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The Political Economy of Social Security and Public Goods Provision in a Borrowing-constrained Economy

Author

Listed:
  • Ryo Arawatari

    (Faculty of Economics, Shinshu University)

  • Tetsuo Ono

    (Graduate School of Economics, Osaka University)

Abstract

This paper introduces an overlapping generations model with earnings heterogeneity and borrowing constraints. The labor income tax and the allocation of tax revenue across social security and public goods provision are determined in a bidimensional majoritarian voting game played by successive generations. The political equilibrium is characterized by an ends-against-the-middle equilibrium where lowand high-income individuals form a coalition in favor of a low tax rate and less social security while middle-income individuals favor a high tax rate and greater social security. Government spending then shifts from social security to public goods provision if either: (i) higher wage inequality is associated with the borrowing constraint and a low intertemporal elasticity of substitution, or (ii) the population growth rate becomes lower.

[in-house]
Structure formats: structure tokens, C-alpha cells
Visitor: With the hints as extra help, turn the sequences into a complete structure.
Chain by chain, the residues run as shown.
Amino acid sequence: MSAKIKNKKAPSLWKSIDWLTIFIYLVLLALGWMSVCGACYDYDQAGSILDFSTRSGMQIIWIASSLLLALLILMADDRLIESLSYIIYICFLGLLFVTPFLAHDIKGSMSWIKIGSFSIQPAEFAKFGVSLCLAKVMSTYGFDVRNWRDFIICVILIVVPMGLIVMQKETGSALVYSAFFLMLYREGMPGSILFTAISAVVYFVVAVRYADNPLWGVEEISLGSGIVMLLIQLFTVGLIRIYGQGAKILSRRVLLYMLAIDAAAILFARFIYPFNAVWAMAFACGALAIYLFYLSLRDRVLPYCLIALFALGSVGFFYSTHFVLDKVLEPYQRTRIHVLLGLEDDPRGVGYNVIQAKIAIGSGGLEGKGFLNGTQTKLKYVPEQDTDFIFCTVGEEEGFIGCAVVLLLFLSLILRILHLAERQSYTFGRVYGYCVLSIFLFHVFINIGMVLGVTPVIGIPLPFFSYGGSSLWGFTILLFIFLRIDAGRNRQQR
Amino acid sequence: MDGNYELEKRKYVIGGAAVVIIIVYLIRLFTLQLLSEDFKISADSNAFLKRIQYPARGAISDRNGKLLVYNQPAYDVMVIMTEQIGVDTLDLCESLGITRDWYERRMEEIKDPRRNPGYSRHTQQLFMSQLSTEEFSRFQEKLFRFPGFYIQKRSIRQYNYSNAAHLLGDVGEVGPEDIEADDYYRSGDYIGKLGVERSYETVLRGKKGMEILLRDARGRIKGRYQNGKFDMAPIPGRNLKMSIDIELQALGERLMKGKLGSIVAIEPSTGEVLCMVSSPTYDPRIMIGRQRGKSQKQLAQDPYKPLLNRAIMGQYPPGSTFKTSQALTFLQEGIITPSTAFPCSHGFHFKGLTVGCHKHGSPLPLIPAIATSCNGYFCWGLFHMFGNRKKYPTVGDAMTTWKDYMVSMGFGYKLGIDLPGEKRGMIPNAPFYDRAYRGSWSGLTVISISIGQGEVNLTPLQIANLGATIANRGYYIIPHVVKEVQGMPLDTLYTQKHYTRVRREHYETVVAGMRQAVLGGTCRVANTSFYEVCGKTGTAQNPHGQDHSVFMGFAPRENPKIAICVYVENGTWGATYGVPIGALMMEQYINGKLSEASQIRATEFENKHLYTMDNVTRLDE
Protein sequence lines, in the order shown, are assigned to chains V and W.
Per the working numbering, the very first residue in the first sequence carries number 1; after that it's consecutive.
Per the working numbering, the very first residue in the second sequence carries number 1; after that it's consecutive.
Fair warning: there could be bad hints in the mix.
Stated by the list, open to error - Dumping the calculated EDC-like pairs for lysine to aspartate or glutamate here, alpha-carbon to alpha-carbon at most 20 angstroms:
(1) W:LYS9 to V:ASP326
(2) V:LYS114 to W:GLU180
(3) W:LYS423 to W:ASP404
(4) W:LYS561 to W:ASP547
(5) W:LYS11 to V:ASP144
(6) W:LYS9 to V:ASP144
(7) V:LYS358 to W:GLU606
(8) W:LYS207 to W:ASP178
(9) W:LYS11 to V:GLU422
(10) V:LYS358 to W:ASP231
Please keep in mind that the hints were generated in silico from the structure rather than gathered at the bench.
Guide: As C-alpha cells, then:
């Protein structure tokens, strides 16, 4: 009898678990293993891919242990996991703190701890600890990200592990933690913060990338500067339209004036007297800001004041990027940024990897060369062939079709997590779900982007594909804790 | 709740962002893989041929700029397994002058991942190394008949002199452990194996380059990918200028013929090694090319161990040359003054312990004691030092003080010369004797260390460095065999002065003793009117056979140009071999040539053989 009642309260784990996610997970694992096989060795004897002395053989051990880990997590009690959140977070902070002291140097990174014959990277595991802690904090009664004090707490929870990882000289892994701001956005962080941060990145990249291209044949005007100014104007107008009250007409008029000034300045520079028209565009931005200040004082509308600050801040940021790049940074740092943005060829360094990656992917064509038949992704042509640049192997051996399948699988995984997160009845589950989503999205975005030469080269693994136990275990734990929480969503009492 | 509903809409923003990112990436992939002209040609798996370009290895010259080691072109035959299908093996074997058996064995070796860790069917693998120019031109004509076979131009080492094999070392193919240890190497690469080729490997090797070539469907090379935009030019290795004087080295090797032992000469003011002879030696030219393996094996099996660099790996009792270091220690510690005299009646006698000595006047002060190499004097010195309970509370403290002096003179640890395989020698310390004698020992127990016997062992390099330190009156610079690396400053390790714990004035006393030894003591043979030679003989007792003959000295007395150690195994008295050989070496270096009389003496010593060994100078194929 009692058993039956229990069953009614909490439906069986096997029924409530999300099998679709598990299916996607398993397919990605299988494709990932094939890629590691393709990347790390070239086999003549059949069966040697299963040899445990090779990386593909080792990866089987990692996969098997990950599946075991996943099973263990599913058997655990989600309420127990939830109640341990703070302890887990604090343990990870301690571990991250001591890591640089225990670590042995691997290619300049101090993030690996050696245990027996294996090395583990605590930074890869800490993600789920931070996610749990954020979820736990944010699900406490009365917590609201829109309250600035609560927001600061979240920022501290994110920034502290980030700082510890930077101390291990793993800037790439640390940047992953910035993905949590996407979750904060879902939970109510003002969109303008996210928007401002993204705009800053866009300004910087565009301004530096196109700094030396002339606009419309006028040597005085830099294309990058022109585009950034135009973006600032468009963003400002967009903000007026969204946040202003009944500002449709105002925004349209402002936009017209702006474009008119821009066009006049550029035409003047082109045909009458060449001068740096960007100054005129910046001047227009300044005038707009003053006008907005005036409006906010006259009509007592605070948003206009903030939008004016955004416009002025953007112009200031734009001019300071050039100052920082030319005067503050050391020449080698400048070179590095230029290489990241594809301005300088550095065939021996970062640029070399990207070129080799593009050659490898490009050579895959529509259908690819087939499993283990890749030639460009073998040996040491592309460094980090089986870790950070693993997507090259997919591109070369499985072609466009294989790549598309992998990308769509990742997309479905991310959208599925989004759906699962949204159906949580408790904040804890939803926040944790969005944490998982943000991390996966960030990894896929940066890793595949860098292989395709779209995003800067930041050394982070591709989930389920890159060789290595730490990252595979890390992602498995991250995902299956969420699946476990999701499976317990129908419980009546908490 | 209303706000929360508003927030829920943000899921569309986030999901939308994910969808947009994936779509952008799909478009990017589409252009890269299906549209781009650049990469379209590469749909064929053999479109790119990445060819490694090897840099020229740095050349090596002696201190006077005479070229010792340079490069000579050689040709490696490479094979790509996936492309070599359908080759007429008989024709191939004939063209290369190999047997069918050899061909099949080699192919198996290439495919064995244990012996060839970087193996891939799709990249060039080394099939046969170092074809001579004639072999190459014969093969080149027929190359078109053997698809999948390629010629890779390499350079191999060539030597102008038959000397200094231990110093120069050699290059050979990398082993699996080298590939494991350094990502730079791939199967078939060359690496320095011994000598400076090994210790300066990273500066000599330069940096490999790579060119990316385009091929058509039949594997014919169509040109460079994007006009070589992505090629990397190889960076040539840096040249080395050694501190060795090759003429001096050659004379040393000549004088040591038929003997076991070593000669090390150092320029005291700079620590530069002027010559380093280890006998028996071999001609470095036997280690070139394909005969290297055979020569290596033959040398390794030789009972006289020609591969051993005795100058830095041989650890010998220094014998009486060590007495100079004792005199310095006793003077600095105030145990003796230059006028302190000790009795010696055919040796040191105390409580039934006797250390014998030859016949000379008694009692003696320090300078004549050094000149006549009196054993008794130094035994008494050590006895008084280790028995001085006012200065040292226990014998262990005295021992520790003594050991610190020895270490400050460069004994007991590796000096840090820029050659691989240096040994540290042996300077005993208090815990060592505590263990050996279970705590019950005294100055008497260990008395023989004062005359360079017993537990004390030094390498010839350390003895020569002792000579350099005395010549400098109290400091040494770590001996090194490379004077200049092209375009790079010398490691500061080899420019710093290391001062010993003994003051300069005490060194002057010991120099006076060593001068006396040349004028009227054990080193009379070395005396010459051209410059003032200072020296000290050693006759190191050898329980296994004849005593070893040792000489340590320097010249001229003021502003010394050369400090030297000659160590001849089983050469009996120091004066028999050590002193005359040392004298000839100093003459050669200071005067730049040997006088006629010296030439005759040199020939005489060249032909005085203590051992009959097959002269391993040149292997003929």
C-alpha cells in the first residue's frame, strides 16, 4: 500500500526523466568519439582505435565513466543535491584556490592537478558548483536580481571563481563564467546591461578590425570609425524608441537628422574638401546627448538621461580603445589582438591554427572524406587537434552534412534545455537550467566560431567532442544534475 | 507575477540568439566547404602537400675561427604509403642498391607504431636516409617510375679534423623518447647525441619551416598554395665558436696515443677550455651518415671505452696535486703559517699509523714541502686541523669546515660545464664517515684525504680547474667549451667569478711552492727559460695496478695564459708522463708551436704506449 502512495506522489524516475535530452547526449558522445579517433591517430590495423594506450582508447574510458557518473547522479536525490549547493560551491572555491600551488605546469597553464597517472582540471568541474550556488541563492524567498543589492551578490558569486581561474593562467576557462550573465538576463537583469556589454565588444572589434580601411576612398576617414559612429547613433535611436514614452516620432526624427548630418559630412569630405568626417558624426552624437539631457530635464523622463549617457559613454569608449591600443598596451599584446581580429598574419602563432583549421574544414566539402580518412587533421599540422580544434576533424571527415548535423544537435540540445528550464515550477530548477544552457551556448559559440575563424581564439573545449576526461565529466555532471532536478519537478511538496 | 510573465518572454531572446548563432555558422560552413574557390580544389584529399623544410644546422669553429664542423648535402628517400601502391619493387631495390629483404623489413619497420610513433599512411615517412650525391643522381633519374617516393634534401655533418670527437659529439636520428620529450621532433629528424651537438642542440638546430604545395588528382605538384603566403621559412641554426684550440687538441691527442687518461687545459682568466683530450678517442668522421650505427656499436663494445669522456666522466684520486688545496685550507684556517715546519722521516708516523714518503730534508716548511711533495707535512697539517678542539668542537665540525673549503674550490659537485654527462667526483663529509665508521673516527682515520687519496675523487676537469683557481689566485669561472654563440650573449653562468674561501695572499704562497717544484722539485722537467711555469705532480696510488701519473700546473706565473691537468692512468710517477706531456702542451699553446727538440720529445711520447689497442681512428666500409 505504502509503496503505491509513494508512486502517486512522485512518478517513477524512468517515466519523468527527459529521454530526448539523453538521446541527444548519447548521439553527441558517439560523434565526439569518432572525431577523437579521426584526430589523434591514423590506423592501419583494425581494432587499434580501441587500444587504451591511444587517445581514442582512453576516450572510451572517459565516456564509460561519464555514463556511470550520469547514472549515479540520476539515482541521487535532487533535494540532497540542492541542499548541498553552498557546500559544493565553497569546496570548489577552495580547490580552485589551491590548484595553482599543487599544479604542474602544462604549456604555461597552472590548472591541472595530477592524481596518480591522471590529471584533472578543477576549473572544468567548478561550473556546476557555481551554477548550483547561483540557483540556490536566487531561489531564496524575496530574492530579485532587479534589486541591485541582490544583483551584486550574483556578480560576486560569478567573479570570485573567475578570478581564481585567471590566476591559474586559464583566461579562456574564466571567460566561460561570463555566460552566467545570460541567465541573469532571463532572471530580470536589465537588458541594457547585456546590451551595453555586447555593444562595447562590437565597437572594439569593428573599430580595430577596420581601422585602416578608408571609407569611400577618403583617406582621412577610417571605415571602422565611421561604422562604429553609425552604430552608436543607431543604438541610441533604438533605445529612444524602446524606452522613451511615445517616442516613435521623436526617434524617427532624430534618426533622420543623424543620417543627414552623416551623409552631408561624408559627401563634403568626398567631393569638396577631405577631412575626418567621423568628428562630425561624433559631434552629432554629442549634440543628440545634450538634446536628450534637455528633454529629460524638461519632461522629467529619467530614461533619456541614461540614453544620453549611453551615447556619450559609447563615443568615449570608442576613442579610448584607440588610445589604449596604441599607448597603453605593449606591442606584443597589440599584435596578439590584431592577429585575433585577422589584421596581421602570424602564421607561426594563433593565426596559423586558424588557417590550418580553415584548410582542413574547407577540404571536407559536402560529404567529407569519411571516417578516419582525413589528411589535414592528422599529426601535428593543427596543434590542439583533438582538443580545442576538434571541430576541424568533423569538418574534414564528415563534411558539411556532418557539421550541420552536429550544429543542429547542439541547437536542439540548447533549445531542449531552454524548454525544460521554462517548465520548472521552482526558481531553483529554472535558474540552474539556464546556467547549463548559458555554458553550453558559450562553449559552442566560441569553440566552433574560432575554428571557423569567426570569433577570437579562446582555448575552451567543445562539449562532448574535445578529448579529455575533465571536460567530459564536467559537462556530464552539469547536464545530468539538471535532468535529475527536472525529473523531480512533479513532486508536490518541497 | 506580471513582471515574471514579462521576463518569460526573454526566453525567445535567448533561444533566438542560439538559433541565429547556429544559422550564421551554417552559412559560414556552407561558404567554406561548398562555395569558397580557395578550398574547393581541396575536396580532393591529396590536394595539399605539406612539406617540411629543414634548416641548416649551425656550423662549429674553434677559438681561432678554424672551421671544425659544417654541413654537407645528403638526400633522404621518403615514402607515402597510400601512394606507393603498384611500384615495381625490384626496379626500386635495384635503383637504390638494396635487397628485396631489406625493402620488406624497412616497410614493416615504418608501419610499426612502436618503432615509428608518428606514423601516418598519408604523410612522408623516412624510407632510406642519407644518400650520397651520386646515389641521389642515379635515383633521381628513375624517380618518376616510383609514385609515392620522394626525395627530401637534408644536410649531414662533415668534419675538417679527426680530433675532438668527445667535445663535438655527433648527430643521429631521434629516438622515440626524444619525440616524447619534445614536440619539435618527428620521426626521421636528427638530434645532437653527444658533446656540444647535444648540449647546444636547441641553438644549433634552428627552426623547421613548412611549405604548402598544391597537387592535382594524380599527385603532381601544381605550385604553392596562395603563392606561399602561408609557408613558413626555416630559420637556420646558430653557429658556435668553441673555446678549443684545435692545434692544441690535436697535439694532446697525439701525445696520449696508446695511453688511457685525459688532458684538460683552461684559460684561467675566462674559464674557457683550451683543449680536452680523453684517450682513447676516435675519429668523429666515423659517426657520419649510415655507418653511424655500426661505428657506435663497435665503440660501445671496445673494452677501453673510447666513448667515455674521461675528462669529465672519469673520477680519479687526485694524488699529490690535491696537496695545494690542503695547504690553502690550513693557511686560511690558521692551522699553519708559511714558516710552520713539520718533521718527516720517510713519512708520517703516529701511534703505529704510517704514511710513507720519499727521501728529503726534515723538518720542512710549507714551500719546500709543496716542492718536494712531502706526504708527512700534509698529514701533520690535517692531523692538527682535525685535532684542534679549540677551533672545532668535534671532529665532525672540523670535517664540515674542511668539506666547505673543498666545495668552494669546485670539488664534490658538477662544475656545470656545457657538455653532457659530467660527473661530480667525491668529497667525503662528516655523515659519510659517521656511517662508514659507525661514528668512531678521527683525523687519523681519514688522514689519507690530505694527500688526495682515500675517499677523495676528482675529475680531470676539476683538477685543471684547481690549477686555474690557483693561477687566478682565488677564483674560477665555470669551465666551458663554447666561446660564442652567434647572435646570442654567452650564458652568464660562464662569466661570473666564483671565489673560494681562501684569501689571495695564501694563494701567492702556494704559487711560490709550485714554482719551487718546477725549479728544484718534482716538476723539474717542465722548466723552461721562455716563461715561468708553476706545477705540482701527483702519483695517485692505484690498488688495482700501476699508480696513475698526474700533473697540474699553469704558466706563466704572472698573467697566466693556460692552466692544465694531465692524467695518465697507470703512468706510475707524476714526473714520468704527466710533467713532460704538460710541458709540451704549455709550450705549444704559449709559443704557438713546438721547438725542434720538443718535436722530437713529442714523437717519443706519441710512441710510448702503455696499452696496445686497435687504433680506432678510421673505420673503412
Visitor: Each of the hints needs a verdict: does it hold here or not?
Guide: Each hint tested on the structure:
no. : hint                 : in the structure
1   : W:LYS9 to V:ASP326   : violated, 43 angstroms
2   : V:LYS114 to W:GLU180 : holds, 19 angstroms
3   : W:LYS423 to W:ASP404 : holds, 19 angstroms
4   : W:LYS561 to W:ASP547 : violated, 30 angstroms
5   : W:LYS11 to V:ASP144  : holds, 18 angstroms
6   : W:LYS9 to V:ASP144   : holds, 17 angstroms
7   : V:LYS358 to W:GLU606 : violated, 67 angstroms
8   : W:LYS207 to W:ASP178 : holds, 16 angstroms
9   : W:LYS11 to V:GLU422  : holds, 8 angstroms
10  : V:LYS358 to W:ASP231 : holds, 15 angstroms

Suggested Citation

  • Ryo Arawatari & Tetsuo Ono, 2009. "The Political Economy of Social Security and Public Goods Provision in a Borrowing-constrained Economy," Discussion Papers in Economics and Business 09-38, Osaka University, Graduate School of Economics.
  • Handle: RePEc:osk:wpaper:0938
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    References listed on IDEAS

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    More about this item

    Keywords

    Borrowing constraint; Social security; Public goods provision; Structureinduced equilibrium; Ends-against-the-middle equilibrium; Wage inequality; Population aging;
    All these keywords.

    JEL classification:

    • H41 - Public Economics - - Publicly Provided Goods - - - Public Goods
    • H55 - Public Economics - - National Government Expenditures and Related Policies - - - Social Security and Public Pensions
    • D72 - Microeconomics - - Analysis of Collective Decision-Making - - - Political Processes: Rent-seeking, Lobbying, Elections, Legislatures, and Voting Behavior

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